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BaxterBoo Blog
November 21, 2012

Meet the Breed: West Highland White Terrier

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  • Height: 10"-11" at the shoulder or 14"-16" total
  • Weight: 15-20 pounds
  • Historical Function: Hunting companions and vermin controllers
  • Modern Function: Companion
  • AKC Classification: Terrier

Physical Characteristics:

The West Highland White Terrier, also commonly known as the Westie, is a small yet sturdy dog. They have a striking white double coat, and dark, wide-set expressive eyes. The ears are upright, coming to a point. They were bred with a sturdy tail to enable a handler to retrieve the dog when stuck in a vermin hole.This smart terrier is favored both here in the U.S. and in Britain. This playful pup might be a good choice for an active family looking for another member who won't want to be left behind! This devoted, happy and faithful dog does, in fact, make a wonderful travel companion due to its small size.

History of the Breed:

The Westie is from Scottish origins, resembling similar terriers of the area. They were primarily developed from the Cairn Terrier. They were bred to be "earth dogs" that would dig after "vermin" such as rats, rabbits, and even badgers. Legend has it that after a reddish terrier was mistaken for a fox and shot, that the white version became prized as a way to differentiate them in the field.


Westies are friendly, outgoing, and are very strong willed, so calm, confident leadership is required with this breed. They are smart, and trainable, but being prone to stubbornness, lessons may need to be repeated. Because of their high prey drive, they are highly motivated by play, especially with fetch. This breed possesses a large amount of spirited spunk, determination and devotion stuffed into a compact little body!This playful pup might be a good choice for an active family looking for another member who won't want to be left behind! This devoted, happy and faithful dog does, in fact, make a wonderful travel companion due to its small size.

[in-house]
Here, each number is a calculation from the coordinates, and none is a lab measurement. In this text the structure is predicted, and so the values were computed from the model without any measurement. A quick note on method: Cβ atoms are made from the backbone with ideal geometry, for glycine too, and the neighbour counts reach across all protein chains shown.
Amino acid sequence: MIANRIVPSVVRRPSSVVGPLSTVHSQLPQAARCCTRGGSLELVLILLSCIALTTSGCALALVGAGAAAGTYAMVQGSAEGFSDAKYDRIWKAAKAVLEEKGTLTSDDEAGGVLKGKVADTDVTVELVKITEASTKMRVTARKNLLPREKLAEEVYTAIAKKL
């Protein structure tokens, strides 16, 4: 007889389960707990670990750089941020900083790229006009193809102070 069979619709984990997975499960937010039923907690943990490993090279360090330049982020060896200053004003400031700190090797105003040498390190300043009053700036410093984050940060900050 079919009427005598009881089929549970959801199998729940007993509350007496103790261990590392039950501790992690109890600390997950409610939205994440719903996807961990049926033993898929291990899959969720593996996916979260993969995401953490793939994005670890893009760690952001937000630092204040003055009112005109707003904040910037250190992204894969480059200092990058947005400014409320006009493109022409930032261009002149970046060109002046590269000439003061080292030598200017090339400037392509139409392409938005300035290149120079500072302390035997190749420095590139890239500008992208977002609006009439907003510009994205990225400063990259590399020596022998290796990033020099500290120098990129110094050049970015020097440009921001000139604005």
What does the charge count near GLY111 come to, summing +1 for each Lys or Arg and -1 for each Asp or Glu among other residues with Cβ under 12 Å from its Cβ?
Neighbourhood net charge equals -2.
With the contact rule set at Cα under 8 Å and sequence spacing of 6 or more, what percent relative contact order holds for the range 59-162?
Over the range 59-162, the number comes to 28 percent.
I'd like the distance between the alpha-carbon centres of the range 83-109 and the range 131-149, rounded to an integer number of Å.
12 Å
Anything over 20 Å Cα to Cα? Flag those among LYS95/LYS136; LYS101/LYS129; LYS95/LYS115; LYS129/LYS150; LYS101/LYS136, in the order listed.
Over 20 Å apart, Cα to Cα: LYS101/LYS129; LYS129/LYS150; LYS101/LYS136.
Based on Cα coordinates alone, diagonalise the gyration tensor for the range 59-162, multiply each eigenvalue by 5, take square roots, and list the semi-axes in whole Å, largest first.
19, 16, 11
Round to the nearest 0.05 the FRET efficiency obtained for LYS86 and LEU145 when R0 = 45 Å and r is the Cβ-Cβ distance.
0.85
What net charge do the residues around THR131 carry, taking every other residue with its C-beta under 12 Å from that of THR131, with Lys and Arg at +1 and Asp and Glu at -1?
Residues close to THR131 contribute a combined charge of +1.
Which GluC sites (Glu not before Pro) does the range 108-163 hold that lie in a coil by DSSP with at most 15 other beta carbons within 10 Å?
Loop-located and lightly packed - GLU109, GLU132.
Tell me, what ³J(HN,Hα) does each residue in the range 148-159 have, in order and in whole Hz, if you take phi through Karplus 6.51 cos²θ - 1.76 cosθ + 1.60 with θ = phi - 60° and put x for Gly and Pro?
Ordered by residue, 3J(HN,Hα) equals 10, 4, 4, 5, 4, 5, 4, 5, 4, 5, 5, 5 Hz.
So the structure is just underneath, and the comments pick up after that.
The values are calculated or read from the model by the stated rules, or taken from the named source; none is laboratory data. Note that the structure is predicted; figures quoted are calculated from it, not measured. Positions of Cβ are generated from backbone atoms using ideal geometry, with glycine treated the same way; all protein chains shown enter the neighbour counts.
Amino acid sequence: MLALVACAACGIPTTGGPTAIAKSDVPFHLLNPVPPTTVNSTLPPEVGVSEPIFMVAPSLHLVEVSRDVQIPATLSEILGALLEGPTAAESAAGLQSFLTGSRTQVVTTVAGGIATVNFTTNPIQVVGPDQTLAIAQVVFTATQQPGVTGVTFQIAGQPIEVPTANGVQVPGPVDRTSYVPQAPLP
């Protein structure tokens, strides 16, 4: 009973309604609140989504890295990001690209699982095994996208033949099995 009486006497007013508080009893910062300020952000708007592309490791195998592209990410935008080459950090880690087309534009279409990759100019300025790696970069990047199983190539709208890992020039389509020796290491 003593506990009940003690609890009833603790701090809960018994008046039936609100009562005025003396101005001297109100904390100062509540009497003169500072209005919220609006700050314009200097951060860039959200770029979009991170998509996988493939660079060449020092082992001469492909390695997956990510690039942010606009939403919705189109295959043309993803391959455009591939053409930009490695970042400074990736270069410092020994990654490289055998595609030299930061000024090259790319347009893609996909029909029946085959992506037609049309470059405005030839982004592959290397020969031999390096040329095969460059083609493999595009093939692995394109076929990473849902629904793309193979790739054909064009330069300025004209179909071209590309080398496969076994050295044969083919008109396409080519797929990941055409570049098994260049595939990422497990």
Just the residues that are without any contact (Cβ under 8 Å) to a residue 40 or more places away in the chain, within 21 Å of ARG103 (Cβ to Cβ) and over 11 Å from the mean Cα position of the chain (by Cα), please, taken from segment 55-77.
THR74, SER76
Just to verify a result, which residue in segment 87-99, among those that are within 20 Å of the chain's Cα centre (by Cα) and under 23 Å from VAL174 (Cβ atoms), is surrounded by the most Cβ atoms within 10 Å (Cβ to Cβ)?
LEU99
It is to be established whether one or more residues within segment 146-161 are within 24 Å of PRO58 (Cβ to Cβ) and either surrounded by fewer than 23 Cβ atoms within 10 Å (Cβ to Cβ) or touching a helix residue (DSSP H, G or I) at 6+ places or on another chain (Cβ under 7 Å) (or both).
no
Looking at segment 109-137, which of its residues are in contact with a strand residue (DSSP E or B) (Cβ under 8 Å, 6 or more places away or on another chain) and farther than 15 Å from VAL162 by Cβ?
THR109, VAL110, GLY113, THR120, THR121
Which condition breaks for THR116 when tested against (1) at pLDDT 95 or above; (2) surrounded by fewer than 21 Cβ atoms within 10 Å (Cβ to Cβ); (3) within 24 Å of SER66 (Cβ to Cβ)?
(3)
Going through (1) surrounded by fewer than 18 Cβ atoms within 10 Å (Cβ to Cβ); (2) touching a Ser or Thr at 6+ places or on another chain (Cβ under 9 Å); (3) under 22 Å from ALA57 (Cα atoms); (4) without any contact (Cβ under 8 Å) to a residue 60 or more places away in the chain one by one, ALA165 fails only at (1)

• Best suited for: families with older children, active senior citizens.
  • Preferred living conditions: They love to have a yard but can adapt to an apartment if given plenty of exercise through play and walks. They are very social and intelligent, and they very much want to be with their people.

Care and Health:

Westies may be prone to skin problems, including sunburn on their ear tips. Another issue that has been occasionally observed is an overcalcification of the jaw that can cause pain, drooling, and difficulty eating. It most commonly appears between the ages of 3 and 8 months. It can be treated with anti-inflammatories in most cases. 

  • Grooming Requirements: Westies don't shed very much, but they require regular brushing and visits to the groomer for a stripping twice yearly.
  • Exercise needs: Westies will find their own methods of staying active, even if you don't. These active dogs love to play and prefer a daily walk.
  • Life Expectancy: 12-15 years
  • Health Concerns: Generally healthy, but can be prone to hernias, liver disease, hip problems, jawbone calcification and skin problems.

Breed Club Links: West Highland White Terrier Club of America.

BaxterBoo Perfect Pairings: Busy Buddy Bouncy Bone Chew Toy, Ultra Premium White Coat Pet Shampoo by FURminator

West Highland White Terrier photo courtesy of Rowena.

Have any great stories about a Westie to Share?

Meet the Breed: West Highland WhiteTerrier | on November 21 at 7:55 AM said:

[...] Link: Meet the Breed: West Highland WhiteTerrier | BaxterBoo Blog [...]
Nancy Ann Wolicki on November 21 at 7:42 PM said:

We own a Westie named Andy and he is 11 1/2 years old. His temperment is wonderful and he is the most loving guy but can be stubborn. I love the breed and he is at home with his Scottish Terriers and a Cairn terrier. Andy has a wonderful personality as all Westies do.
Jennifer on November 29 at 10:35 AM said:

Please do the Chihuahua!!!!
Cheryl Gentz on December 10 at 12:48 PM said:

I just read the blog on the chihuahua last week, as we inherited one when my mother passed last January. Tipper is 13 years old, and still runs about like a pup, he had been with her for his whole life, so it has been very difficult for him. I had a long-hair chihuahua as a kid, so I remembered from then, the manner of the breed. The article was well written and informative, thank you ..........

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